Lesson for Humanity

Lesson for Humanity

Olga Bugrova

By nightfall, the water began to rise, and the dam could not stand it. 100 thousand cubic meters of cyanide poured into the main tributary of the Danube – the Tisza River. On January 30, 2000, a terrible environmental disaster occurred in the Romanian city of Baia Mare.
The culprit was the plant of the Romanian-Australian gold mining company. The dam blocked its poisonous cesspools. The Australian side was responsible for modernizing the protection, but did not even try. She rejected the accusations: the dam had nothing to do with it, there was bad weather – sometimes snow, sometimes rains – the waste itself overflowed. And the fish are dying because they are cold. In the very first days of dead fish, more than a hundred tons were caught.
Memorial service on the river
Two weeks after the tragedy, residents of coastal villages served a memorial service for Tisza. All living things died in it, not even bacteria remained. Poisoned water was already flowing down the Danube. In many places the river was white with belly-swimming fish.
Together with the dead river inhabitants, hundreds of people collected the corpses of birds and animals. The water was unsuitable not only for drinking, but even for technical needs.
Along the course of the rivers, water intakes were closed, dozens of hectares of agricultural land were rejected. So it was in Romania, in Western Ukraine, in Hungary and Yugoslavia. The Danube carried a bouquet of cyanide and heavy metals to the Black Sea. Environmentalists reassured: the Danube will cope, in five years everything will dissolve in water without a trace. They were too optimistic.
Lesson for Humanity
22 years have passed, but the Danube remains the dirtiest river in Europe. “Powerful pollution in 2000 could have been washed away by the waters from the Alps and the Carpathians – there is really a large influx – if not for one “but”,” says Sergey Lisovsky, editor-in-chief of the Society and Ecology newspaper:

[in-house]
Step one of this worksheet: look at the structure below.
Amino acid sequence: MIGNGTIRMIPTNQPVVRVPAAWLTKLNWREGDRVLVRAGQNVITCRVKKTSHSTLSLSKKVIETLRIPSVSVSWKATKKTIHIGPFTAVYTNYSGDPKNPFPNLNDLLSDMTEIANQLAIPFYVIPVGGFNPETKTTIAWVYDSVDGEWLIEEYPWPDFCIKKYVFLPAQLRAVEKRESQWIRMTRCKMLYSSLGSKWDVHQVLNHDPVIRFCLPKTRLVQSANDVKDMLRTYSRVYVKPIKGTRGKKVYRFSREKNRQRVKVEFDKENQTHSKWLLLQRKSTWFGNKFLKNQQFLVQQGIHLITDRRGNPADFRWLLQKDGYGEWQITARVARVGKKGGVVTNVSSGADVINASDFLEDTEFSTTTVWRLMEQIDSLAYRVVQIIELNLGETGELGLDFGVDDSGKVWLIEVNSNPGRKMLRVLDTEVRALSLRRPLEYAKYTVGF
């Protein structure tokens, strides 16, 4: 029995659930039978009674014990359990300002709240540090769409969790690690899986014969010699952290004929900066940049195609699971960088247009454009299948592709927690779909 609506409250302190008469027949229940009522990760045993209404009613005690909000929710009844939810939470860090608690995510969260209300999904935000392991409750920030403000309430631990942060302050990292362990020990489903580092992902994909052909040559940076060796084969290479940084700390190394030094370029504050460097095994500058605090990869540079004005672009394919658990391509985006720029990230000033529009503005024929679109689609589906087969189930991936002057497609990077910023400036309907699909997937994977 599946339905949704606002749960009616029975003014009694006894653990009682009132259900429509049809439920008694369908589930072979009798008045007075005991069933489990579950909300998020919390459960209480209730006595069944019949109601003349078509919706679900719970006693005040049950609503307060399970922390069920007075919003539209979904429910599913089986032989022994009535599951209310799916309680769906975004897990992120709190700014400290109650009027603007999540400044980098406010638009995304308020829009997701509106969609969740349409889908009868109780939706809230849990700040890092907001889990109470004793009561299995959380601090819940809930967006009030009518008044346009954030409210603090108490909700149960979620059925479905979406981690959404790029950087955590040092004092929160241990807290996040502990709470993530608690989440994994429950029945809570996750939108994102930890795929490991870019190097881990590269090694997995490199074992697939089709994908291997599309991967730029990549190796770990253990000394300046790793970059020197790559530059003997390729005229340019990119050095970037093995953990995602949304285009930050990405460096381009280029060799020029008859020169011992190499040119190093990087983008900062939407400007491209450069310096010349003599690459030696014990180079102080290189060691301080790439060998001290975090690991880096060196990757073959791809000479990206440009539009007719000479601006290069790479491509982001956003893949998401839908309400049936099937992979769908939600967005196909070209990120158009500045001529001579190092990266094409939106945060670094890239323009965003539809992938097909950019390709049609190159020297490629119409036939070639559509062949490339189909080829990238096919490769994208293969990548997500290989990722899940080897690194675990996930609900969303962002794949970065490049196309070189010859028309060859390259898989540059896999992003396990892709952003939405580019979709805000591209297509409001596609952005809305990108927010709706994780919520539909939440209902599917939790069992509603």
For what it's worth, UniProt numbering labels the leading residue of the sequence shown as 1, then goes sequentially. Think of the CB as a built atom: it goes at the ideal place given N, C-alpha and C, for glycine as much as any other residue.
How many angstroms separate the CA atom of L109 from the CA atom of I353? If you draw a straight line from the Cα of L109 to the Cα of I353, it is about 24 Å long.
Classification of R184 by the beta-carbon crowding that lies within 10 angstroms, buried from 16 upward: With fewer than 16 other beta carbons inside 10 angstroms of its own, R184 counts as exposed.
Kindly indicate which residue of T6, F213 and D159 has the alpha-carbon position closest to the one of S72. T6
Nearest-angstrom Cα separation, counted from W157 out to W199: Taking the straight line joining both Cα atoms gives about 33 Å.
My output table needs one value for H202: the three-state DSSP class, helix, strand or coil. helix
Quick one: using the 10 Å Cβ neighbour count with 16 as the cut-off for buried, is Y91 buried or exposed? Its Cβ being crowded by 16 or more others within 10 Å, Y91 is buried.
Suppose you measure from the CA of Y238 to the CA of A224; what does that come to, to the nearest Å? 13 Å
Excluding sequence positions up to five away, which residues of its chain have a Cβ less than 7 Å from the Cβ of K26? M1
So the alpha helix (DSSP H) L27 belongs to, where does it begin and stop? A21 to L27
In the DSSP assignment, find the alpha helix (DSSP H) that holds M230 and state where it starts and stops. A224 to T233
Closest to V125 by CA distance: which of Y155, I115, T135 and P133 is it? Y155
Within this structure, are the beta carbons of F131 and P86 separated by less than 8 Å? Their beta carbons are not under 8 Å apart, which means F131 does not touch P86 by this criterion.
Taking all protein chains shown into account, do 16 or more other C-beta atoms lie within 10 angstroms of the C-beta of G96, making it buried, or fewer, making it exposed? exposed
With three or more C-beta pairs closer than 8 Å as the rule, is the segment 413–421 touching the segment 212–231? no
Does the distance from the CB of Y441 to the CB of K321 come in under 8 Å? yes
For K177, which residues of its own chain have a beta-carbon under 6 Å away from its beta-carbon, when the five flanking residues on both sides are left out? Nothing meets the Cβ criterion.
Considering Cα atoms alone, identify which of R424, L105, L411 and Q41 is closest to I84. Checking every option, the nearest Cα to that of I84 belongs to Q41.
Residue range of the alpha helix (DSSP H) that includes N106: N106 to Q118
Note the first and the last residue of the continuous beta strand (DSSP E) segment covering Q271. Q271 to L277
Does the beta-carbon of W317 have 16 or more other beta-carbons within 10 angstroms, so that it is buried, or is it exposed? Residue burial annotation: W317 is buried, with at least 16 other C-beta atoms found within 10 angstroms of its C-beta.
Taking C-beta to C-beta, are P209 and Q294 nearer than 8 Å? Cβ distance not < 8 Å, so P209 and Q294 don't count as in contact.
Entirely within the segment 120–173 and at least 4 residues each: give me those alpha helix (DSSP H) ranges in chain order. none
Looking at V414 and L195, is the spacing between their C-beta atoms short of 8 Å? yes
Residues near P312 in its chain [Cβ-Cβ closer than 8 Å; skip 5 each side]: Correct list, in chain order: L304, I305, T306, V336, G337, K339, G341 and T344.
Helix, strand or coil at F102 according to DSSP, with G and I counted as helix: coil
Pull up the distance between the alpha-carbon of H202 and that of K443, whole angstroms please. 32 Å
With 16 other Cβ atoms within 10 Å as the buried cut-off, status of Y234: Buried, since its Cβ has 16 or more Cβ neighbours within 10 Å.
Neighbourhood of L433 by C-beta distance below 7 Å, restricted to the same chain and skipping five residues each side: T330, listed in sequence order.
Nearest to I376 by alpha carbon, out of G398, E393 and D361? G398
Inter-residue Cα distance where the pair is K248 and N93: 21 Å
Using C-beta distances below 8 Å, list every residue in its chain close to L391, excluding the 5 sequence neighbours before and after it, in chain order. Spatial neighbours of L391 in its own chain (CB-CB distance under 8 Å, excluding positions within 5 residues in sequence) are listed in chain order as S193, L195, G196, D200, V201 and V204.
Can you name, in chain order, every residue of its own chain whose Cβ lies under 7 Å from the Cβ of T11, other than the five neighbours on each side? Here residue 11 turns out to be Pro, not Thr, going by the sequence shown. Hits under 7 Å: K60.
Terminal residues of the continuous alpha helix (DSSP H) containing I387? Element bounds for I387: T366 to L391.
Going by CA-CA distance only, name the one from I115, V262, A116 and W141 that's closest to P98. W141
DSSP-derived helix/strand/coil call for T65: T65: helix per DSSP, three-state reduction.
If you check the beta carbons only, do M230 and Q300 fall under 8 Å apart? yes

“The Danube has not been cleaned up, it is still sick today, because for all 22 years it has been receiving pollution from industrial enterprises and housing complexes. The river does not have enough of its own resources for restoration, it still needs environmental rehabilitation. The length of the Danube is 2850 km. It is a highly navigable river “There are oil spills, and waste disposal, and floating garbage. Speaking of the cleanliness of the river, we need to talk about the installation of treatment facilities along its entire length. And this, I think, is not done by all ten countries along which the Danube flows. What happened in the year 2000, we must not forget. This is a lesson for all mankind.”
In that ill-fated year, some of the countries of the Danube basin were left face to face with misfortune. Serbia had the worst. NATO aircraft have just bombed fuel depots, chemical and oil refineries in several Serbian cities. A gigantic eco-catastrophe was provoked. And then there was no river.

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